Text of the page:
Mind you, this video was not the basement handiwork of a beer-bellied blogger. This was done by the National Republican Senatorial Committee, the official campaign arm of Senate Republicans headed by the purportedly religious Cornyn. The eyes of Texas and the scorn of voters should be on Cornyn and every other member of the Senate GOP caucus for finding a new way to obliterate the boundaries of good taste.
Joe Hallett is an ass, who rotates between 2 column ideas: mud slinging in politics is bad and tax increases are good.
And no matter what a bunch of half-wit kids at Akron University think, negative ads work… The ad had a serious message and it certainly grabbed attention. Team Portman, which totally wussed out by denouncing an ad that they certainly had a hand in, could spend millions of dollars on television in today’s era of DVR and not get nearly as much attention.
I think the exposed nipple stuff is weird enough for it to last into November. The NRSC, which has a rather stiff and formal image, should be congratulated for taking the gloves off and getting serious about winning back the majority.
Update: Lefty Ohio bloggers don’t understand what “fair use” is and had the video illegally pulled from Youtube.You can watch the NRSC ad here.
Since the NRSC made what will be perhaps the best web ad of the election cycle with this, I thought I would post the uncut Fisher video again from Jason’s (his son) documentary, Swing State:
And here Lee is, at his home, where he has apparently never met the family dog:
I’m the guy in the black coat shooting the WWI water-cooled machine gun with my eyes blurred out as if I’m a criminal. I LOVE LOVE LOVE the reactions of those two liberal brats: Peggy Zone Fisher and the pinhead daughter.
This was filmed by Jason’s producer who shamelessly pretended to be an Iraq war vet and dressed in a military uniform that was not his:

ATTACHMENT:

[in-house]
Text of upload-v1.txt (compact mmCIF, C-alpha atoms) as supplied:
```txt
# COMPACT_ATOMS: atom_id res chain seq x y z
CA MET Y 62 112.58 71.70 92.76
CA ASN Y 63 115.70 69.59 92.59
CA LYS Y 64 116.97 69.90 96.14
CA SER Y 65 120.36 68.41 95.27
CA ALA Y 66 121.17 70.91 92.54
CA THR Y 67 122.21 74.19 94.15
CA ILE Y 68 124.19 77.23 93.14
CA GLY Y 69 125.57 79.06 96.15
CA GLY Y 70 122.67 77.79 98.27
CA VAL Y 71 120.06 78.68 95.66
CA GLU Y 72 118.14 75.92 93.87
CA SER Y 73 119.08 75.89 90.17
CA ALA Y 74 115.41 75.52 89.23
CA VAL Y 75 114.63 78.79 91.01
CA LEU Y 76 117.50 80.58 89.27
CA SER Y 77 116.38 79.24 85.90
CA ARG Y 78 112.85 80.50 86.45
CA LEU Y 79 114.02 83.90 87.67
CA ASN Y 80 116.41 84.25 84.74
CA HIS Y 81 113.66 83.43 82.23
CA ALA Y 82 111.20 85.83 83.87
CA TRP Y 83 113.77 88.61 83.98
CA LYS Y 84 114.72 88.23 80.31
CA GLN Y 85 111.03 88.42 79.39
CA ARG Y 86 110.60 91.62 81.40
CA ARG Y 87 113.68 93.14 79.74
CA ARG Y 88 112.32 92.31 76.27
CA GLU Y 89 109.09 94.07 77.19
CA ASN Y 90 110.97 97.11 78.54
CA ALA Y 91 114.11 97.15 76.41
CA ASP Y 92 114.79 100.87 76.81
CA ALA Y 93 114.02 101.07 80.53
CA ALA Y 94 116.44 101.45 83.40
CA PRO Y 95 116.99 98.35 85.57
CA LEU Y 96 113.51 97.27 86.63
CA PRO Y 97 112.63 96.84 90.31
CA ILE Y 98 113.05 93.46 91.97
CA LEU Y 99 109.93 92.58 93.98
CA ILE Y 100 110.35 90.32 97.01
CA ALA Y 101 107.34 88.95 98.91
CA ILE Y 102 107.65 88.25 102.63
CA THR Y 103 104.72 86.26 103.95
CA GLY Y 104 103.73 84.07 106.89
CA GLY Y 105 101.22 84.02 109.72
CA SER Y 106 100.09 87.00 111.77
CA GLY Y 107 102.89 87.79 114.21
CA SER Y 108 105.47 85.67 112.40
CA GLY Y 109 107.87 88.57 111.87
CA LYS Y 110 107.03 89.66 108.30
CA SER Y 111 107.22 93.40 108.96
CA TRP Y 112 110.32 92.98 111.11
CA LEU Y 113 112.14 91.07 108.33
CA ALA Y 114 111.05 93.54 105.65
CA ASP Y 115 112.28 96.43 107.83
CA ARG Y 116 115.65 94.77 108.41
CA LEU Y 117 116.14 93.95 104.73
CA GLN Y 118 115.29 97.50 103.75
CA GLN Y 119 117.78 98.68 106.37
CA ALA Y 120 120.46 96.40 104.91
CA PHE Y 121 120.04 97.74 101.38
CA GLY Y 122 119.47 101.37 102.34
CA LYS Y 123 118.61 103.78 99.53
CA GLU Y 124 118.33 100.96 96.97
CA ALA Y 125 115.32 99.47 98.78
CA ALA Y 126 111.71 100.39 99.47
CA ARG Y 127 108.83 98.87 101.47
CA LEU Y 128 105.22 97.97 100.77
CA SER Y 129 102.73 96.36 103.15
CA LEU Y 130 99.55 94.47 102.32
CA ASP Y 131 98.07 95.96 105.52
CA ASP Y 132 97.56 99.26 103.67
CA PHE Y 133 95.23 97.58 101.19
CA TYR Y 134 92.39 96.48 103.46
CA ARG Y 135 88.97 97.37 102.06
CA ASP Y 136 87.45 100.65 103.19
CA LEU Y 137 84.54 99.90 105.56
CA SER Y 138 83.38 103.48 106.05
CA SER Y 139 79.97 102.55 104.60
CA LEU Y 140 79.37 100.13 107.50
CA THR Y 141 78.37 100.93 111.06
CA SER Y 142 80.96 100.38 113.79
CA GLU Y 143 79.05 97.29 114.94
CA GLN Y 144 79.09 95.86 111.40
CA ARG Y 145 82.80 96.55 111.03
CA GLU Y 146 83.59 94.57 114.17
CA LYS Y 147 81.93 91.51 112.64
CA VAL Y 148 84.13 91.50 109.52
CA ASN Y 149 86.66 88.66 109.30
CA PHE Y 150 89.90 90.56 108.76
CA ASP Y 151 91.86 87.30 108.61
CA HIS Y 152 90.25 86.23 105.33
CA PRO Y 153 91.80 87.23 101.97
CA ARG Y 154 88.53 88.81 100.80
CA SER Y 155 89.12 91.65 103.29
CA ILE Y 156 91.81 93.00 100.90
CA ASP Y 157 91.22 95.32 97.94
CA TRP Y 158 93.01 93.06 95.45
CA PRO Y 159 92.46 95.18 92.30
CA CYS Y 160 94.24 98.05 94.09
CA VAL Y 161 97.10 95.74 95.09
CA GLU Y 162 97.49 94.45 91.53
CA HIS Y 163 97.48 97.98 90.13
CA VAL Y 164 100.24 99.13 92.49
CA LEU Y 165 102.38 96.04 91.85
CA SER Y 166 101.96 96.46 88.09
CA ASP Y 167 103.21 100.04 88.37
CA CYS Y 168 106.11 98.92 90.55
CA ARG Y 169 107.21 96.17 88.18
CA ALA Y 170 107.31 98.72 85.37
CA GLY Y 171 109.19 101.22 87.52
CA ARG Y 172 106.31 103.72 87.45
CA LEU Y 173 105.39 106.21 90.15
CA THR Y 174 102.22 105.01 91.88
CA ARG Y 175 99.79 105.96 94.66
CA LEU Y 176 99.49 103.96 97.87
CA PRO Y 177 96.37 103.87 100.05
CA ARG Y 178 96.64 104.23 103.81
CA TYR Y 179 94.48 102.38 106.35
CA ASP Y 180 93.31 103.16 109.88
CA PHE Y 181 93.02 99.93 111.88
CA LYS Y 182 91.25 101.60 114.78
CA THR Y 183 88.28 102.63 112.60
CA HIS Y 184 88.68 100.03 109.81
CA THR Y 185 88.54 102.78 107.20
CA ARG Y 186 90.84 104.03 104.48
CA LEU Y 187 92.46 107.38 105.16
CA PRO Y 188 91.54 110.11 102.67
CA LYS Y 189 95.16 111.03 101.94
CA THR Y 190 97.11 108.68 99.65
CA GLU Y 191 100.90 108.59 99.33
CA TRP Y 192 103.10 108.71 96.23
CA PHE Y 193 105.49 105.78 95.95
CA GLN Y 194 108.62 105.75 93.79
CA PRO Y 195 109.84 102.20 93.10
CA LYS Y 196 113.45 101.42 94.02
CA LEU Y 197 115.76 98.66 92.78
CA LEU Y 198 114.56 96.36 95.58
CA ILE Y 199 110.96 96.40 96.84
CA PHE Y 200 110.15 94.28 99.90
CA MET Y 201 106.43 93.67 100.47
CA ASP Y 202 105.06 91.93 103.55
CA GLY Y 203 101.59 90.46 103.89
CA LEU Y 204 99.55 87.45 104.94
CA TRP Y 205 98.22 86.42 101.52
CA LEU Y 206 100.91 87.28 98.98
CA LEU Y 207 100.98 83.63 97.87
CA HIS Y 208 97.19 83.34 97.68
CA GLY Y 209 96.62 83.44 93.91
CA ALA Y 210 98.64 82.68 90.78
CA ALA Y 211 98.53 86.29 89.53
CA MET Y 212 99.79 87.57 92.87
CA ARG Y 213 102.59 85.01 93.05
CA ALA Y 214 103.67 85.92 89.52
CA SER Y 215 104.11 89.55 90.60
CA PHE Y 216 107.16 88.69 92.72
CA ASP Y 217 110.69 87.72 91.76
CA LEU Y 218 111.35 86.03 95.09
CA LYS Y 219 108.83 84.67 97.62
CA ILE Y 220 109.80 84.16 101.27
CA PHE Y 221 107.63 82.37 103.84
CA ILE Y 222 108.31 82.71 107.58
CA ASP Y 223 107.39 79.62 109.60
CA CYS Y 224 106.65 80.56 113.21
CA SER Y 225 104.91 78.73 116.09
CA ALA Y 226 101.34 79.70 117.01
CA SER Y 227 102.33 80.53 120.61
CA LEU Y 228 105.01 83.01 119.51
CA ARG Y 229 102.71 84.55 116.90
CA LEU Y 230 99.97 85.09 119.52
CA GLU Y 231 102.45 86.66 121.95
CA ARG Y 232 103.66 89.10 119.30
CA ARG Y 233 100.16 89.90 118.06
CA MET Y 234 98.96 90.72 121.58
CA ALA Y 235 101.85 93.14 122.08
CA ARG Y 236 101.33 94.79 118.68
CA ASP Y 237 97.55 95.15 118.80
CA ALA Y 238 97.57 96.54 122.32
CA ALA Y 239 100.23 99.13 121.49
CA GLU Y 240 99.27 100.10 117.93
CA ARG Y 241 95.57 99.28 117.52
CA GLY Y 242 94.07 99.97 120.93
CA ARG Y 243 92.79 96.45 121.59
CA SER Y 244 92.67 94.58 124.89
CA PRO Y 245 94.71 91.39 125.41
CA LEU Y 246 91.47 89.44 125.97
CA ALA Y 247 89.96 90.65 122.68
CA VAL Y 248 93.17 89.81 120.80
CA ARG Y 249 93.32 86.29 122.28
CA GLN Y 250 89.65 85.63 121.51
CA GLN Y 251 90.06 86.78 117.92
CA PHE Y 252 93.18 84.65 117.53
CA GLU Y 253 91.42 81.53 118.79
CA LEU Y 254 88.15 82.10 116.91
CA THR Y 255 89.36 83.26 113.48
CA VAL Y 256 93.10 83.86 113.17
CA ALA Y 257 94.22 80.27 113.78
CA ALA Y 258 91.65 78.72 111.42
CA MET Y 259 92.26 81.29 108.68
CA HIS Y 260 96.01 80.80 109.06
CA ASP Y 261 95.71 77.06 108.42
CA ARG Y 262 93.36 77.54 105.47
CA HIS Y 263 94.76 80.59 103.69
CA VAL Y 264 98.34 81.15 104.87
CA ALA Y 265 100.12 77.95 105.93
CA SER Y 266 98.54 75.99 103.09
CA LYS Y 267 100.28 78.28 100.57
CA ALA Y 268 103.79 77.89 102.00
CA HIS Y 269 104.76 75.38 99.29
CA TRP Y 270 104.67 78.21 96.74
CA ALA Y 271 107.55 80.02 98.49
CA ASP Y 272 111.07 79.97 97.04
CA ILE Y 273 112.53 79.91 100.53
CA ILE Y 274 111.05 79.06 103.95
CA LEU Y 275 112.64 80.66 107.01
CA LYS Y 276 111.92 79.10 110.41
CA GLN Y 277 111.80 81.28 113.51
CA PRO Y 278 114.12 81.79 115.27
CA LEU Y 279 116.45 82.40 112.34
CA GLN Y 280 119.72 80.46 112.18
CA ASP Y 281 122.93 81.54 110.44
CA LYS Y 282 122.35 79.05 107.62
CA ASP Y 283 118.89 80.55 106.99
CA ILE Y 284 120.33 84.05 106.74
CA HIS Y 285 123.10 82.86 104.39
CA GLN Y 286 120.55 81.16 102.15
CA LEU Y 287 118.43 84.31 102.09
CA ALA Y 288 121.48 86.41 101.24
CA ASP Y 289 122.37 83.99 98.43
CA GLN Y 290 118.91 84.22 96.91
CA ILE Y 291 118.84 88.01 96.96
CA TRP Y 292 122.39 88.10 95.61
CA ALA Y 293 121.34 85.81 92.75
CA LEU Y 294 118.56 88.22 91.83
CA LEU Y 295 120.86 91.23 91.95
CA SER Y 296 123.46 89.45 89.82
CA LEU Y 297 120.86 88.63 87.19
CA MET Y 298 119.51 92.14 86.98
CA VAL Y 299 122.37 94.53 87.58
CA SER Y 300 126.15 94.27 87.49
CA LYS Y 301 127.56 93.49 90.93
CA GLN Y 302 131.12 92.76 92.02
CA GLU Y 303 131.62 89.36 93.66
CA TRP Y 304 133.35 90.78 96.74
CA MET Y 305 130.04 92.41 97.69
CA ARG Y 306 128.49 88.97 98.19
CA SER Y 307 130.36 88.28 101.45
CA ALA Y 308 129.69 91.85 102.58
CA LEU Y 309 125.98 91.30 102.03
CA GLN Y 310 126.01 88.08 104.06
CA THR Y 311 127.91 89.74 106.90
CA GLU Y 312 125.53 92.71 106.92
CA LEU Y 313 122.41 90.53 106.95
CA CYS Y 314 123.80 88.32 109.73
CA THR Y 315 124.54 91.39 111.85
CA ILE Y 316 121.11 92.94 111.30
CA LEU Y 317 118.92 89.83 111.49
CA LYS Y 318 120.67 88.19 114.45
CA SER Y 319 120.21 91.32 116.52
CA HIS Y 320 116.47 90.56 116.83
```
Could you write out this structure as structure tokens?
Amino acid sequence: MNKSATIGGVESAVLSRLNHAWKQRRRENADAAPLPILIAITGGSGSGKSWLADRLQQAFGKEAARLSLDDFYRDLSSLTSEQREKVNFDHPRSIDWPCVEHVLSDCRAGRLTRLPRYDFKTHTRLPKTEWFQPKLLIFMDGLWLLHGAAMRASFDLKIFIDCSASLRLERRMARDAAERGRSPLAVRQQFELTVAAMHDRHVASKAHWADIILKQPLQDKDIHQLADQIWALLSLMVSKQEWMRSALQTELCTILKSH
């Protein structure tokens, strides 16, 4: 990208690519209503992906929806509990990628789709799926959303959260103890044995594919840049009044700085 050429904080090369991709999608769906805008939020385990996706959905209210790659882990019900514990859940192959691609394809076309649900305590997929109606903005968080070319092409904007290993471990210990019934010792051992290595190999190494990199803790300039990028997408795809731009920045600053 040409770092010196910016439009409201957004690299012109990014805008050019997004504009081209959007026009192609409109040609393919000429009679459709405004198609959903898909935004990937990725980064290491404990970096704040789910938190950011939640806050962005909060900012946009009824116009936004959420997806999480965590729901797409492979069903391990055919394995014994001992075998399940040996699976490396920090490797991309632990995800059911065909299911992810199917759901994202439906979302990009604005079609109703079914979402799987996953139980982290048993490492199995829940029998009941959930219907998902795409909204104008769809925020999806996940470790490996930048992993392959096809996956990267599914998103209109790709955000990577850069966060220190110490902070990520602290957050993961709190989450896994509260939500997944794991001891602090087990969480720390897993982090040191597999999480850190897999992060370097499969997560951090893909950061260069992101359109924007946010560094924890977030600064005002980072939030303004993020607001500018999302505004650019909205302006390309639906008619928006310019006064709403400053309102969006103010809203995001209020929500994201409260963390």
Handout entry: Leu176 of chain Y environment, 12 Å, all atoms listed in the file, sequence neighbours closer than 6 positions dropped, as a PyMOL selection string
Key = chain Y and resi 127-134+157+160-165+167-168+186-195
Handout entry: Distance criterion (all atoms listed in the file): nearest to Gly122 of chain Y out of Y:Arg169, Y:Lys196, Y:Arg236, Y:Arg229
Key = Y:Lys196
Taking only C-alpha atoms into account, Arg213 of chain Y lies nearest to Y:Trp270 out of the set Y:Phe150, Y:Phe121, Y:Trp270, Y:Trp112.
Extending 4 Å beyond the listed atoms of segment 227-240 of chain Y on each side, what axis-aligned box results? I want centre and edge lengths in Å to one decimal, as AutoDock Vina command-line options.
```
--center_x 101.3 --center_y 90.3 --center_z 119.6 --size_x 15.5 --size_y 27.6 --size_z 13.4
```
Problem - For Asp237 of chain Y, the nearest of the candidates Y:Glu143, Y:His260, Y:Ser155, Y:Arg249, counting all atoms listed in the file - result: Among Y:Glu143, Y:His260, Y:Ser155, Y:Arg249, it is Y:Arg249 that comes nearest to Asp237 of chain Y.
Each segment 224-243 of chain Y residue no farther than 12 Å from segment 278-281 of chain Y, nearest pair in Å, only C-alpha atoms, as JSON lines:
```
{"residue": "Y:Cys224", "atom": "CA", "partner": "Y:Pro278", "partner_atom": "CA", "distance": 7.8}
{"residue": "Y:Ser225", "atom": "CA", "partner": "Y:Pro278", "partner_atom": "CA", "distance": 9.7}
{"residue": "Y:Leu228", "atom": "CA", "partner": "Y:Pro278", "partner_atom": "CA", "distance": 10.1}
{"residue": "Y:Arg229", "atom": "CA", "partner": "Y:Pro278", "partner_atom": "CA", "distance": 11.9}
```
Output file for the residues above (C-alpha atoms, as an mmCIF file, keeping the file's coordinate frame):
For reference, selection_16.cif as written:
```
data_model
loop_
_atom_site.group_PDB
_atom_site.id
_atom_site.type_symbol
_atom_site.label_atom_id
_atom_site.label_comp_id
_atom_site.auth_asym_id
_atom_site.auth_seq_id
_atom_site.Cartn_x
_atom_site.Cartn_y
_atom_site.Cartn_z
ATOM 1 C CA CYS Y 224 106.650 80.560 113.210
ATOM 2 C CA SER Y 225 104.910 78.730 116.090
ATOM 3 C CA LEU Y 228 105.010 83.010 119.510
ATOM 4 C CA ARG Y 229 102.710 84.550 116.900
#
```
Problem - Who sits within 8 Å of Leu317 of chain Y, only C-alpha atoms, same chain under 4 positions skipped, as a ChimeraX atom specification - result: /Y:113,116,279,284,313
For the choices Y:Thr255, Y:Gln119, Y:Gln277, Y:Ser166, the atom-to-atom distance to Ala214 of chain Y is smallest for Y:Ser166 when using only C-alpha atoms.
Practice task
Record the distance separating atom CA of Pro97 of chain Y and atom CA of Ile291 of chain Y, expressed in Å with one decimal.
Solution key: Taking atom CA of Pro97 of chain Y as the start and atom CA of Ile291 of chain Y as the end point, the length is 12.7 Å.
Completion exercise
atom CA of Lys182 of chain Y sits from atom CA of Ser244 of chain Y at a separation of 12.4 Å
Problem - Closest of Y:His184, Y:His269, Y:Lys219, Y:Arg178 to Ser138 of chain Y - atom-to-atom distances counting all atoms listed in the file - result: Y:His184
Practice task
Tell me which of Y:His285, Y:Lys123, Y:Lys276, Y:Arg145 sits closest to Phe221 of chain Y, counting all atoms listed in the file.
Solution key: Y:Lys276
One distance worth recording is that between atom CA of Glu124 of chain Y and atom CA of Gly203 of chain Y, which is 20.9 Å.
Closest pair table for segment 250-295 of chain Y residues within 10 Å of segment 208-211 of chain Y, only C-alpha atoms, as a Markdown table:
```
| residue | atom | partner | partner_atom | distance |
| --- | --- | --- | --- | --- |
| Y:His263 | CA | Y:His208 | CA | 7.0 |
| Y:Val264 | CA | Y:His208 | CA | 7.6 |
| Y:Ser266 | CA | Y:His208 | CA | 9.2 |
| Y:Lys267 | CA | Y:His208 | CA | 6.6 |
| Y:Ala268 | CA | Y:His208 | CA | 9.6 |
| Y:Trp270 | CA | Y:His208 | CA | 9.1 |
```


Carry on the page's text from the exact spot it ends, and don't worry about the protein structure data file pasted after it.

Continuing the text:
I like how Lee, the founder of Handgun Control, Inc., is such a politician that he is contemplating a machine gun party. I think Lee has a clumsy, Joe Biden quality about him and deserves to be mocked endlessly.
And there is more to this story too, as Jason was calling up maxed-out Fisher donors asking for contributions for his latest documentaries, which is a convenient way for donors to give directly to the family. This is highly unethical and worth investigating.
The National Republican Senatorial Committee succeeded in winning attention for its candidate Rob Portman today by busting through the clutter of Internet ads that rarely deserve notice.
It did so by blaming Portman’s Democratic opponent, Ohio Lt. Governor Lee Fisher, for the state’s job losses and high unemployment rate.
Like Portman, the ad mocks Fisher, who headed the state’s development department before entering the U.S. Senate race, as Ohio’s “job czar.”
But that message is totally secondary to the visuals.
The ad manipulates an image of a sleepy and shirtless Fisher – seated in his home office with one arm on his chest and one below his waist – giving the impression that the former attorney general is giving himself a … well … you decide.